Tax change may mean more money for small business owners

Small businesses stand to attract even more investors with tax-free gains upon the sale of qualified stock

May 12, 2016 @ 12:01 am

By Jennifer Friedman

Investors in small businesses around the country may be pleasantly surprised in the aftermath of tax season. Thanks to the recent extension of the Section 1202 of the Internal Revenue Code, small businesses stand to attract even more investors, due to a surprising long-term advantage: tax-free gains upon the sale of qualified stock.

In December 2015, a previous extension was made permanent by the Protecting Americans from Tax Hikes Act of 2015, or PATH Act. Under the revised provision, small-business owners and investors can now exclude 100% of any gain they realize from the sale of qualified small-business stock. The extent of the savings will depend upon the value of the stock, but collectively, investors across the country are poised to save millions.

Owners of qualified small-business stock have been able to exclude a portion of the gain for years, but the percentage of the tax-free exclusion has varied. Even during the times the exclusion was 100%, it was never permanent — making planning tricky and computations difficult. As a result, tax advisers sometimes considered the provision more of a hassle than a help. Now that the 100% exclusion is permanent, the tax benefit is more attractive to both those launching new enterprises and those seeking tax-advantaged investments.

Taking advantage of this tax-free gain begins with a critical first step: Businesses incorporating as C corporations, rather than opting to be limited-liability corporations or S corporations. As a result, the tax advantages of qualified small-business stock could breathe new life into the C corporation model.

In recent years, C corporations have fallen out of favor while the popularity of limited-liability companies has been rising, along with S corporations. Those pass-through entities grew in popularity as small businesses sought to avoid double taxation (C corporations must pay taxes on the profit the corporation has earned; that profit is also taxed when it is distributed as dividends to shareholders). In recent years, another barrier for C corporations had been low individual income tax rates. This disadvantage eroded in 2013, when higher-income taxpayers saw an increased marginal tax rate, phase-outs of exemptions and deductions, higher capital gains taxes and increased estate tax liability.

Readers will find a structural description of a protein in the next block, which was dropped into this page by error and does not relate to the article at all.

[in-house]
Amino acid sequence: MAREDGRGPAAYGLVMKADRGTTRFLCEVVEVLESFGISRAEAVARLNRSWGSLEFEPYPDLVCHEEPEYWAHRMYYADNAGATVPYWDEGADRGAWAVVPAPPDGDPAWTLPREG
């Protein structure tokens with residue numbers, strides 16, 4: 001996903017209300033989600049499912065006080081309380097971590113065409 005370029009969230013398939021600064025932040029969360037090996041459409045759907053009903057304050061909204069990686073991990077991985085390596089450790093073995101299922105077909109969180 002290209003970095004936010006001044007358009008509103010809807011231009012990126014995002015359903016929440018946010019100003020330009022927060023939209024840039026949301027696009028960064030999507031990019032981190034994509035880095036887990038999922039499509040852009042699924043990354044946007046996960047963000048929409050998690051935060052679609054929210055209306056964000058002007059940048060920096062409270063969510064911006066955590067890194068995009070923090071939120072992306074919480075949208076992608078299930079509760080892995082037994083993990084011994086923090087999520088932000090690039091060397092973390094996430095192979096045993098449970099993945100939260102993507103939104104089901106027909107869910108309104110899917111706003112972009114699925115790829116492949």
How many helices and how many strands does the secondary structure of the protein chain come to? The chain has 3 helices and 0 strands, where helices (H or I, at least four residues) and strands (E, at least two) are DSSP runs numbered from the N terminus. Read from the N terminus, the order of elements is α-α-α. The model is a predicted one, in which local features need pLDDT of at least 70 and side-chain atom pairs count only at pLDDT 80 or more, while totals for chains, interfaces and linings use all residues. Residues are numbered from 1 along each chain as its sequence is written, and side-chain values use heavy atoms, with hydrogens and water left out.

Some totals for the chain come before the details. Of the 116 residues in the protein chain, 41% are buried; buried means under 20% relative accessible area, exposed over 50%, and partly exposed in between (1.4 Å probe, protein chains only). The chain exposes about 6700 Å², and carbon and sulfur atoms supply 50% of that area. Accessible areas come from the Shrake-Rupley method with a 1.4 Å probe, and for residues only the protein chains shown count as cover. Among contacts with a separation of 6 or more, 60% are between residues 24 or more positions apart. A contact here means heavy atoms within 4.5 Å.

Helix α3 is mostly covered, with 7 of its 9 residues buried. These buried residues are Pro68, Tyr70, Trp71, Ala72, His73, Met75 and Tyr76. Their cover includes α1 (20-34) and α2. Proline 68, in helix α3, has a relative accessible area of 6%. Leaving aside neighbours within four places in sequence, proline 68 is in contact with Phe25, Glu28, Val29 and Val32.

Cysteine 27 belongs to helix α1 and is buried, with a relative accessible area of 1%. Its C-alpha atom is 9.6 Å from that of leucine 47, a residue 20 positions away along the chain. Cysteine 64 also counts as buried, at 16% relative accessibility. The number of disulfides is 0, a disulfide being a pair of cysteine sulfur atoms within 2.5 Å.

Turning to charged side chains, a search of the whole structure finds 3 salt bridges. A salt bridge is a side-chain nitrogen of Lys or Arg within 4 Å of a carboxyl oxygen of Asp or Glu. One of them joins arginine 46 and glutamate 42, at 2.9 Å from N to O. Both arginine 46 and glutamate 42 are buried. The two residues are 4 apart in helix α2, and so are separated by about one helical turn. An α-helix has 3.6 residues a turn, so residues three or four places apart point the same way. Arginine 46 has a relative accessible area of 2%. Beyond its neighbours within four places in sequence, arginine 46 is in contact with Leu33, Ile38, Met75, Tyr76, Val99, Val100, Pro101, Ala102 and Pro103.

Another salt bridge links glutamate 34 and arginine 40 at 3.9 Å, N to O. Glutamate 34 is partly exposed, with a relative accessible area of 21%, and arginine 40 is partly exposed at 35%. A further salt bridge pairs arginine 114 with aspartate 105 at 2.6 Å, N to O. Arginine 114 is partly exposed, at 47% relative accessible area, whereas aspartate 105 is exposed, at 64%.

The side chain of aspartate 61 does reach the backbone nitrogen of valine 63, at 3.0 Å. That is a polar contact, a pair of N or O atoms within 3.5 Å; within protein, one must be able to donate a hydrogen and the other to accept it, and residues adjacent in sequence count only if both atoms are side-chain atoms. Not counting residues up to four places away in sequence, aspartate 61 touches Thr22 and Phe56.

The permanent 100% gain exclusion provides a compelling reason for business owners to give the C corporation a more serious look as they establish a new business and plan for the future. Among the benefits: If an owner holds the corporate stock, all of the gains from the sale of the stock could be excluded from income. Also, because the exclusion applies to stock received by gift or inheritance, the interest in the business can be conveyed tax-free, making the tax advantage attractive to family-owned businesses.

As with any tax provision, there are a number of requirements beyond just establishing a C corporation. Other provisions include:

• The company must have $50 million or less in capital.

• Eighty percent of the value of the corporate assets must be used in the active conduct of the business or trade.

• The stock must be directly secured as an original issuance from the C corporation. This can include gifts or inheritance from the original acquirer.

• The stock must be held for more than five years.

• The business must be active in eligible sectors. Ventures involved in personal services, law, banking, finance, leasing, hospitality, health, farming or mining are not qualified.

For business owners, the tax break is a boon as they look toward long-term growth and funding strategies. Across the country, the 100% exclusion will be a big incentive to those infusing funds into small business, which could boost economic growth.

Business owners should consider the C corporation model right from the start if they wish to eventually benefit from this tax break. Trusted advisers — including investment advisers, accountants and lawyers — will play a critical role in advising businesses on this latest opportunity, and helping owners determine the right corporate model to choose.

Jennifer Friedman is a vice president at Wolters Kluwer's BizFilings, which provides online incorporation services for small businesses.


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